Just prior to learning about our new fate as farmers, I spoke these words out loud, quite plainly, to a friend:
“I don’t see myself ever keeping bees. They’re just so … mysterious.”
Now, let me explain this sentiment. It’s not that I don’t love honey and revere the work that bees do. In fact, it’s that reverence that led me to believe I didn’t deserve to be a beekeeper. Bees are amazing little creatures, each individual working diligently through their entire lifespan as part of a greater whole to create the most perfect product that could ever come out of your farm. I can’t even wrap my head around it. I, in contrast, am not as disciplined. I’m a creative soul, a dreamer, who likes to jump into projects on whims, not necessarily seeing them through to fruition. While I admire any being who can methodically work their way through a process, I’m not at all like that. I didn’t think the bees needed me up in their business, mucking things up.
Well, hindsight is pretty hilarious, isn’t it? Just a few weeks after declaring myself a non-beekeeper, Mr. B and I learned about our new 50 acres—a piece of land with which we would inherit, you guessed it, a hive of bees.
Don’t get me wrong—we were pumped. But with honey production already underway, we had a lot to catch up on. Of course, I deferred beekeeping responsibilities to Mr. B, an engineer who could nerd out on the feats of our newly acquired colony—these insects are like his “people,” and I was content to merely be a helping hand.
So, I called my beekeeper friend and beeswax supplier to help us get to know our bees a little better.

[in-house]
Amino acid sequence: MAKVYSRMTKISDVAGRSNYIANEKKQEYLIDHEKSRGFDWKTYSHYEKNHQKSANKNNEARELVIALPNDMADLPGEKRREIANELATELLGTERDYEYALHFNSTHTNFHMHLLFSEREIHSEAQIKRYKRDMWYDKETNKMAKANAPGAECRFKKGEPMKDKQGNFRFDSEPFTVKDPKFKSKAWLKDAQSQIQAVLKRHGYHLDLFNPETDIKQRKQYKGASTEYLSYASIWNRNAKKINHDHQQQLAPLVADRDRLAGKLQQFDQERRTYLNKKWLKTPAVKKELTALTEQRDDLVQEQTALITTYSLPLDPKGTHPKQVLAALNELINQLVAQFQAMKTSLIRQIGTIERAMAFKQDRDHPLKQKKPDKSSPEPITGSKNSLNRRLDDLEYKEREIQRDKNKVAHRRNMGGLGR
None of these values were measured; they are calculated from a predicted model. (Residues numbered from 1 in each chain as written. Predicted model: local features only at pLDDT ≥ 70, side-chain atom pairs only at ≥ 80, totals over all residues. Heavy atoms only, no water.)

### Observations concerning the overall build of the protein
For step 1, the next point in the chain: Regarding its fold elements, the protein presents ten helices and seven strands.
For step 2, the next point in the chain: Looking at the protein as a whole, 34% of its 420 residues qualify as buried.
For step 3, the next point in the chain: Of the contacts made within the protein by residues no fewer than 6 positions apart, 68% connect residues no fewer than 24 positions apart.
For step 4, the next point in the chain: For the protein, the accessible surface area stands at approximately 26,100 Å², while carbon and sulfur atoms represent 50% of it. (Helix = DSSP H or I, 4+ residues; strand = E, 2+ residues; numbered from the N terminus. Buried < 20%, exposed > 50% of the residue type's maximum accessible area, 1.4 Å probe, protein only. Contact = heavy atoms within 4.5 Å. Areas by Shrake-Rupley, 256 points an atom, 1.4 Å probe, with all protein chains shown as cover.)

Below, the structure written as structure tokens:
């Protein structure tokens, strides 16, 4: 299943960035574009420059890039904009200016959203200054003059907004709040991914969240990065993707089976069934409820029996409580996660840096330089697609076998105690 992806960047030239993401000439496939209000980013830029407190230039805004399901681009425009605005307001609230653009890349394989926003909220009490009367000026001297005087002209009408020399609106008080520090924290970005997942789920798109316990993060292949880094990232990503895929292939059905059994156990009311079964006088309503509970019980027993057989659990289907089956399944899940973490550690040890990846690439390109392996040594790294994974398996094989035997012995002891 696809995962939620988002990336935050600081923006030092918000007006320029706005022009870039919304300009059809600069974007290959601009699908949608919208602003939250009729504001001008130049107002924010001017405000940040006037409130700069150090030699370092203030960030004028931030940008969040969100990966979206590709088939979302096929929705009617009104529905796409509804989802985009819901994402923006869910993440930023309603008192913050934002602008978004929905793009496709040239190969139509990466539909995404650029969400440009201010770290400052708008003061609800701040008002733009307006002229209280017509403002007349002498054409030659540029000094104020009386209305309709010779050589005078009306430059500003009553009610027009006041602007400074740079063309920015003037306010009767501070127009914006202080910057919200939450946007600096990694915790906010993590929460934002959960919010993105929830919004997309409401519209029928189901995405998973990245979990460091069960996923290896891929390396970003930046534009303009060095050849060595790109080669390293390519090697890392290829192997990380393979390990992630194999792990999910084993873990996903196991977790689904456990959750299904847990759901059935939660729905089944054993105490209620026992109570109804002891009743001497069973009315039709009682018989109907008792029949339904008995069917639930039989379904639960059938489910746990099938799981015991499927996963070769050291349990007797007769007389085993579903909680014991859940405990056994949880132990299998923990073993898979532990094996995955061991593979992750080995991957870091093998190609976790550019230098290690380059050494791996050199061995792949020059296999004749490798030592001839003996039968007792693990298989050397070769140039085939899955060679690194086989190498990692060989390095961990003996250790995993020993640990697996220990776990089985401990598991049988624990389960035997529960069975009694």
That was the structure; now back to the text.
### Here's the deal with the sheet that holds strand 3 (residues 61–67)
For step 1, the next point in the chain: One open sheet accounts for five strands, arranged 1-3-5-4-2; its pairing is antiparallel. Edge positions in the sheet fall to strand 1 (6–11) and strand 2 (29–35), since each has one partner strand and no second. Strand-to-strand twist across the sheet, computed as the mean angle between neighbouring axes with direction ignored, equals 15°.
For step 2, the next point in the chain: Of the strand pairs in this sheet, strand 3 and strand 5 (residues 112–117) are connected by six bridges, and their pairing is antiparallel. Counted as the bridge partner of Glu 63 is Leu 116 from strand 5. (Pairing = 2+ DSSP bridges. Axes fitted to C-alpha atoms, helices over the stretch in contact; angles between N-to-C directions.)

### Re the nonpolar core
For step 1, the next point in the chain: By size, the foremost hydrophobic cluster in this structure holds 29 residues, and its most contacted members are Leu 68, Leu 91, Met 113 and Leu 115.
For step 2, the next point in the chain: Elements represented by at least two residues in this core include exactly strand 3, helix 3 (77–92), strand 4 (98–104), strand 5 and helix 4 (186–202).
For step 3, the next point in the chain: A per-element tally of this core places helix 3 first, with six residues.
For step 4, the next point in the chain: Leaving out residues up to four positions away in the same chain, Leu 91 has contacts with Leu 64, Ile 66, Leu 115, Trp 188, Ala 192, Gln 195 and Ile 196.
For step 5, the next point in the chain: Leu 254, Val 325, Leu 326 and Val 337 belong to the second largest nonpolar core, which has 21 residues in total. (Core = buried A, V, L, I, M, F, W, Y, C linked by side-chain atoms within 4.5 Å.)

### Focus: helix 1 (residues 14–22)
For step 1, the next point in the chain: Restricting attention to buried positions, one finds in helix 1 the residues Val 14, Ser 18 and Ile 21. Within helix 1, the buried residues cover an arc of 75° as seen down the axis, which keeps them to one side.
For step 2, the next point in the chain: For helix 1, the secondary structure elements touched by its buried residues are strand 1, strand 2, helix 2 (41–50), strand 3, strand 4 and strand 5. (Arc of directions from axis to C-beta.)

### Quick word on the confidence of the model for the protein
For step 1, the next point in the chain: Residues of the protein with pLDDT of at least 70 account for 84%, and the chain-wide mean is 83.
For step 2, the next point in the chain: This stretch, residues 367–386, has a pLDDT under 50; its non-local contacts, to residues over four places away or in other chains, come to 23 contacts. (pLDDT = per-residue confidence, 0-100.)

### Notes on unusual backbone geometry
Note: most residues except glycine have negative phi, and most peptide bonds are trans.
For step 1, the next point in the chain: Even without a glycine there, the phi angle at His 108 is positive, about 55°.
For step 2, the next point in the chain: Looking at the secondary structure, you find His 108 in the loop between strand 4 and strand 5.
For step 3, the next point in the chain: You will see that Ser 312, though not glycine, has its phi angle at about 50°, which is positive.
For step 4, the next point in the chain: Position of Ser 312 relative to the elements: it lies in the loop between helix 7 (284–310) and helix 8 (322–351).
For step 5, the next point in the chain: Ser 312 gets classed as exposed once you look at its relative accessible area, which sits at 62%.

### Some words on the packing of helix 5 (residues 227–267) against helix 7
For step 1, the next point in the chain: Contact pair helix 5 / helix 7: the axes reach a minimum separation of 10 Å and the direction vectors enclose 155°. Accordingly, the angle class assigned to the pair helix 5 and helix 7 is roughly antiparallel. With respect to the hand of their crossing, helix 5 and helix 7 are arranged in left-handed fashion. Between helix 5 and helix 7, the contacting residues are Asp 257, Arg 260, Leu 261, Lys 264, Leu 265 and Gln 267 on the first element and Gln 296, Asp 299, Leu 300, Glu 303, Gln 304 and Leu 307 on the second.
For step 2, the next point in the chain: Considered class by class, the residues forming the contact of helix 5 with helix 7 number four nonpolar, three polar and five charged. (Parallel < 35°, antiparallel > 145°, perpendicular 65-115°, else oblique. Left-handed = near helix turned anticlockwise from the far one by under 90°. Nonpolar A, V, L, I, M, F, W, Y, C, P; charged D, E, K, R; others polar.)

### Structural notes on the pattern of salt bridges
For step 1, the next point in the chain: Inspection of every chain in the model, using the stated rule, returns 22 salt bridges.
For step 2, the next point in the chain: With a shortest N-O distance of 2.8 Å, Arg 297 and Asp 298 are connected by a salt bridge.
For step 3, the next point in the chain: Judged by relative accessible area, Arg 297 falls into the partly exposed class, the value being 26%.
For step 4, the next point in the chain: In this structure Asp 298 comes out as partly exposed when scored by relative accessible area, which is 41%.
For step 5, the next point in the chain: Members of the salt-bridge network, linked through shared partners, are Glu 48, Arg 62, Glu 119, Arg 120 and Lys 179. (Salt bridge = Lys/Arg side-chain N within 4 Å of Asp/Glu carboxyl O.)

We suited up, opened the hive and, not to be biased or anything, discovered that we have the best bees on the planet! Gentle, healthy and abundant, they’d already been hard at work making us a welcome home present: lots and lots of honey.
Despite having a million other things on our plate regarding the move and getting the farm in working order, honey harvesting jumped to to the top of our to-do list. With some loaned equipment and the guidance of our bee mentor, we pulled 15 full frames of honey from the hive: nine left by the previous owners containing fall-made honey and six with newer spring honey.
Rather crudely, we uncapped the comb using a dull kitchen knife, but the honey oozed out with amazing beauty. The sticky syrup drenched our fingers, and we couldn’t resist helping ourselves to more than our fair share of taste tests.
And y’all, I’m so sorry you can’t taste it, but honey doesn’t get any better than this. (Again, it’s not like I’m biased or anything.) In the lighter spring honey, you can pick up the floral notes of the flowers growing in our meadows: the butterfly milkweed and the red buds and vetch all coming through. It’s my favorite. The fall honey, a little darker and cloudier, has a deep richness to it—Mr. B says it would make a great pancake topping.
The biggest treat out of all of this, though, was something I learned about myself: I love keeping bees!
I love opening the hive and hearing the buzz of the bees fanning their honey. I love the thrill of the tiny insects flying around me as I pull out the frames. I love the care the bees take to build their comb, forage for their food, fill the cells and, with the skill of a chef, cap the cells when the honey reaches just the right moisture content so that it can be perfectly preserved. I love the viscosity of the honey as it pours out of the comb once it’s been uncapped, and the variety of flavors it takes on depending on the season and surroundings.
I still don’t quite understand how bees do what they do, and I’m not sure that I ever will. But there’s so much beauty in the mysterious—to know that we humans, no matter how hard we try, can never replicate something so perfect.